Fourth-quarter fundraising reports filed this week provided the latest evidence that 2010 is developing into an anti-establishment election year, as several Senators reported seven figures’ worth of campaign expenditures in an effort to blunt the negative aspects of incumbency.
At the top of that list is Senate Majority Leader Harry Reid (D-Nev.), who raised an impressive $2.02 million from October to December, but matched it with his equally eye-popping $2.06 million in campaign spending.
Meanwhile, Sen. Barbara Boxer (D-Calif.) dropped almost $1 million to boost her re-election campaign.
While Reid may well be the most vulnerable incumbent of the cycle, Boxer is also facing a serious battle this fall.
But a few sitting Senators have even more pressing concerns when it comes to ensuring they make it to November.
In Pennsylvania, party-switching Sen. Arlen Specter (D) is in for a tough primary against Rep. Joe Sestak in May. Specter raised $1.16 million and spent just under $1.2 million during the last few months of 2009. Sestak had $5.1 million in the bank as of Dec. 31, while Specter reported nearly $8.7 million.
In Utah, Sen. Bob Bennett (R) came close to spending as much as he took in during the fourth quarter. He raised $400,000 from October to December but spent $395,000. Bennett, who is trying to fend off a handful of GOP challengers, reported less than $800,000 in cash on hand at the end of 2009.
Several vulnerable Senators used the last quarter of 2009 to sock away campaign dollars and put some distance between themselves and their competition in terms of cash on hand.
The Republican side of that group included Sens. Richard Burr (N.C.) and David Vitter (La.).
Burr raised $1.2 million during the fourth quarter and reported $4.3 million in cash on hand as of Dec. 31. Those totals were well ahead of all his Democratic rivals, including much-hyped recruit Cal Cunningham, who raised $320,000 in about a month of fundraising and showed $303,000 in the bank on Dec. 31.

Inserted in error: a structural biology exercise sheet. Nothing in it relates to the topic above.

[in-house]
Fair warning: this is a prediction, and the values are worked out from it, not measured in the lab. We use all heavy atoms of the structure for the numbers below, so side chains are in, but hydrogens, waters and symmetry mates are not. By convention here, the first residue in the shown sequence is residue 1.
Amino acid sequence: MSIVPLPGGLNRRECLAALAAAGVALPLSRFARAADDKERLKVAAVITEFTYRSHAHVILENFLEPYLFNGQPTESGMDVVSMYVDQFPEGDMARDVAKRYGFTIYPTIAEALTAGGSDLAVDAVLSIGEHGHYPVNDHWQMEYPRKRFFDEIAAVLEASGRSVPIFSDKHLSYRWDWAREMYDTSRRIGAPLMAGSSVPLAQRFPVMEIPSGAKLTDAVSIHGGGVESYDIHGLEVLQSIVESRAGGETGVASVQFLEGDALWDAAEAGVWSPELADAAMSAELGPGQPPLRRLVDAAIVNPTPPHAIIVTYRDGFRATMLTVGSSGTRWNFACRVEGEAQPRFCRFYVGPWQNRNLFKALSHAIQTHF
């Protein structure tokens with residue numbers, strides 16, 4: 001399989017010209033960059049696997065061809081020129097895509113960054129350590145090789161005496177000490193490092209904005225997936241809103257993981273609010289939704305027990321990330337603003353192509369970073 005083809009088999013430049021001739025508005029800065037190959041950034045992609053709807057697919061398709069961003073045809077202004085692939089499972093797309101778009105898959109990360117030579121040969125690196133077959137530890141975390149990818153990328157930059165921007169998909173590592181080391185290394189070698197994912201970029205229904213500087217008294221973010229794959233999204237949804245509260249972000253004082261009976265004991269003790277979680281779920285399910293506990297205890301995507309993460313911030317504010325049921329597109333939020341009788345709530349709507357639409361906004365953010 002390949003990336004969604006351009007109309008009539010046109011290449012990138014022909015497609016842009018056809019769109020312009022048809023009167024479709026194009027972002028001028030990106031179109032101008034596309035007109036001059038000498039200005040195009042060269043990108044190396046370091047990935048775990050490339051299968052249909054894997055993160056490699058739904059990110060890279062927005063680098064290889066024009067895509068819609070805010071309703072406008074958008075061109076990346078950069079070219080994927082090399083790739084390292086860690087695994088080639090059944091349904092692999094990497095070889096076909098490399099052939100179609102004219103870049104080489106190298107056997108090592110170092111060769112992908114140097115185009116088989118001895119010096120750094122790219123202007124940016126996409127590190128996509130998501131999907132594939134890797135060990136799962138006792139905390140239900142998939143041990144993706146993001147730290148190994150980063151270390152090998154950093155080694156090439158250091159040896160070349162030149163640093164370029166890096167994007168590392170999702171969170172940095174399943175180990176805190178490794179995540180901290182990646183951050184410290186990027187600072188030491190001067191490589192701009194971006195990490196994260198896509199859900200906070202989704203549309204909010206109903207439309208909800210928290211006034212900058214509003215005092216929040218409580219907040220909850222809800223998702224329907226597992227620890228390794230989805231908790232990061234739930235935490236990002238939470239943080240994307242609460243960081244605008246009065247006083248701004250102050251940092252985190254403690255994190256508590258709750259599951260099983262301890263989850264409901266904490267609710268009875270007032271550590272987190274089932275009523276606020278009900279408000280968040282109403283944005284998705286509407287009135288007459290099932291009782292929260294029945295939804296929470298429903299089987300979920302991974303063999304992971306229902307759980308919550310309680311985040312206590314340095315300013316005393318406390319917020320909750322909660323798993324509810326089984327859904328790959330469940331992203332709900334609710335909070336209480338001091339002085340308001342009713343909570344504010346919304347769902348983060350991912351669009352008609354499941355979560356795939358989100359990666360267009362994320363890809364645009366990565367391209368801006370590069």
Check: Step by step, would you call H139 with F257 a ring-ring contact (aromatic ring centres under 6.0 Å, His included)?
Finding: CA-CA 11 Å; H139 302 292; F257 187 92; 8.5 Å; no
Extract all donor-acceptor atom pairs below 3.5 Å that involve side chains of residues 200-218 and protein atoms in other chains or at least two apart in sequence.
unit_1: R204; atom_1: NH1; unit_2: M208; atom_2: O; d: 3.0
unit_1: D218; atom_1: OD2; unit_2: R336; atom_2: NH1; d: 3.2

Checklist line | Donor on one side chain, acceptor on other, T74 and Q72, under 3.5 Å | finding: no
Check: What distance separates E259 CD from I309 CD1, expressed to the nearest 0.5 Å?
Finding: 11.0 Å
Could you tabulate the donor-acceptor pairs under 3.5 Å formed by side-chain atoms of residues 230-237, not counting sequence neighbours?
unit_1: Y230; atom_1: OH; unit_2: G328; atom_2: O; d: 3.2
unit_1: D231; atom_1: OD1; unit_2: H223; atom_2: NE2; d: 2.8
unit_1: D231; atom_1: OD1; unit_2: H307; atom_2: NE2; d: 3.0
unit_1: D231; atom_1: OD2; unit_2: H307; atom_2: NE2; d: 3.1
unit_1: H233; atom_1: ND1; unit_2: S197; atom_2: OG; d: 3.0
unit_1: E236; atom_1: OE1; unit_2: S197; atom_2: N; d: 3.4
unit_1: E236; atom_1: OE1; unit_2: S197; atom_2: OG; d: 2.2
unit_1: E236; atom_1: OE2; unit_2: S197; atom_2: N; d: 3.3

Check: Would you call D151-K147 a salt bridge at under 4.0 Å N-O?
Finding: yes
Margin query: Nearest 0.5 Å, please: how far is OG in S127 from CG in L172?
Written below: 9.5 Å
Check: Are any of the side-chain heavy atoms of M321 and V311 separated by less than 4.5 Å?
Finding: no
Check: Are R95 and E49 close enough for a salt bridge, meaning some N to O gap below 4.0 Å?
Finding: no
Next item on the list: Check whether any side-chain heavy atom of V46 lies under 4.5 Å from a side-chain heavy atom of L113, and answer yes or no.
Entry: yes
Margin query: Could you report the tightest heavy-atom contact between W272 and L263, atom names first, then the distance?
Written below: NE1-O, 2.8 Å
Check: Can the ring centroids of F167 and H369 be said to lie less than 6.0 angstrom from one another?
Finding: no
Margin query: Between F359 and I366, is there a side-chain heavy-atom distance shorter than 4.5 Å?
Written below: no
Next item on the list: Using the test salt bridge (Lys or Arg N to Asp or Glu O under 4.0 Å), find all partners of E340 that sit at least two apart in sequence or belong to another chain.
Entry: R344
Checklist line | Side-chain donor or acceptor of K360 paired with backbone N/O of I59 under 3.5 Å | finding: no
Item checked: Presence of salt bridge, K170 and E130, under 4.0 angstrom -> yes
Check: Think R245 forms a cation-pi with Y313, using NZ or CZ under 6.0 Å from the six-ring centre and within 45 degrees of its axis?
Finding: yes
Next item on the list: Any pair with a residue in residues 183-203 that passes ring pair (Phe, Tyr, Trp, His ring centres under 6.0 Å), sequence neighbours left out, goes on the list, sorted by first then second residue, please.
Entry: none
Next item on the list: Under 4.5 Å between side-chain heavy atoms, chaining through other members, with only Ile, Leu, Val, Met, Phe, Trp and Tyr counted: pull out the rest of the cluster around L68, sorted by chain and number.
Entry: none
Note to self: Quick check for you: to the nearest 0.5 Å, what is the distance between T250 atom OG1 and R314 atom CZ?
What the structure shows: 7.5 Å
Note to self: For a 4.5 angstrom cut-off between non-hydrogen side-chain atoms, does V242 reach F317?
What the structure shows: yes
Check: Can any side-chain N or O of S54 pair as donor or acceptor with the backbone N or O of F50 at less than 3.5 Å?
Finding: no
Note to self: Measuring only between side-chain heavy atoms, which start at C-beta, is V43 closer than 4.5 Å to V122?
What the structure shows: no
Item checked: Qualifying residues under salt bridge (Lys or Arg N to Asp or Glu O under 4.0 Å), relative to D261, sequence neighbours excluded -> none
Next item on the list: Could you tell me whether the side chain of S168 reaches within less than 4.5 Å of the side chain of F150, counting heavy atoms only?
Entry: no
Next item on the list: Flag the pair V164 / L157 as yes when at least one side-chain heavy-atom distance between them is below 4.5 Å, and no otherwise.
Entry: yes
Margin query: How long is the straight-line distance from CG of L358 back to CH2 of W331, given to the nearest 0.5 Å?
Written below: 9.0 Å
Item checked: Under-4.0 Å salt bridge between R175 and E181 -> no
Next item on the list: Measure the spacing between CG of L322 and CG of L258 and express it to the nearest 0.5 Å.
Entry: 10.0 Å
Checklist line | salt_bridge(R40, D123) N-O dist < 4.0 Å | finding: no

In the Bayou State, Rep. Charlie Melancon (D) raised $600,000 for his Senate bid during the quarter, half the $1.2 million raised by Vitter. Melancon also had more than $2 million in cash on hand as of Dec. 31. Vitter had $4.5 million in the bank.
Sen. Blanche Lincoln (D-Ark.), who has struggled in recent polling on her race, far outraised her top would-be GOP challengers. Lincoln raised $1.3 million during the quarter and showed $5 million in the bank as of Dec. 31. Her most touted Republican opponent, state Sen. Gilbert Baker, raised less than $300,000 and reported $639,000 in cash on hand. Rep. John Boozman (R-Ark.), who is set to join the field this week, ended the year with just $292,000 in the bank.
In Colorado, appointed Sen. Michael Bennet (D) pulled in $1.16 million during the fourth quarter and had $3.5 million in the bank at the end of the year. Despite facing a primary challenge, those numbers still put him on solid financial footing. Ex-Lt. Gov. Jane Norton is the leading Republican in the race.
In two open-seat Senate contests, fourth- quarter fundraising reports confirmed that one-time GOP frontrunners are falling back to earth in their respective primaries.
Nowhere is that more evident than in Florida, where Gov. Charlie Crist (R) faces a primary against former state House Speaker Marco Rubio.
Crist’s $2.1 million in fundraising during the quarter was down from the $2.5 million he raised in the third quarter and $4.3 million he raised in the second quarter of 2009. And as Crist’s totals have decreased, Rubio has watched his fundraising take off.
Rubio posted his best quarter yet during the final three months of 2009, raking in $1.76 million. That’s up from just more than $1 million in the third quarter of 2009.
In Kentucky, Secretary of State Trey Grayson is the GOP establishment’s choice — not to mention the political protege of Minority Leader Mitch McConnell (R-Ky.). Despite that support, Grayson was outraised for the second quarter in a row by anti-tax activist Rand Paul, the son of Texas Rep. Ron Paul (R). Grayson raised $446,000 to Paul’s $653,000. As of Dec. 31, Grayson had $1.4 million in cash on hand to Paul’s $1.3 million.
Daniel Newhauser and Zack Hale contributed to this report.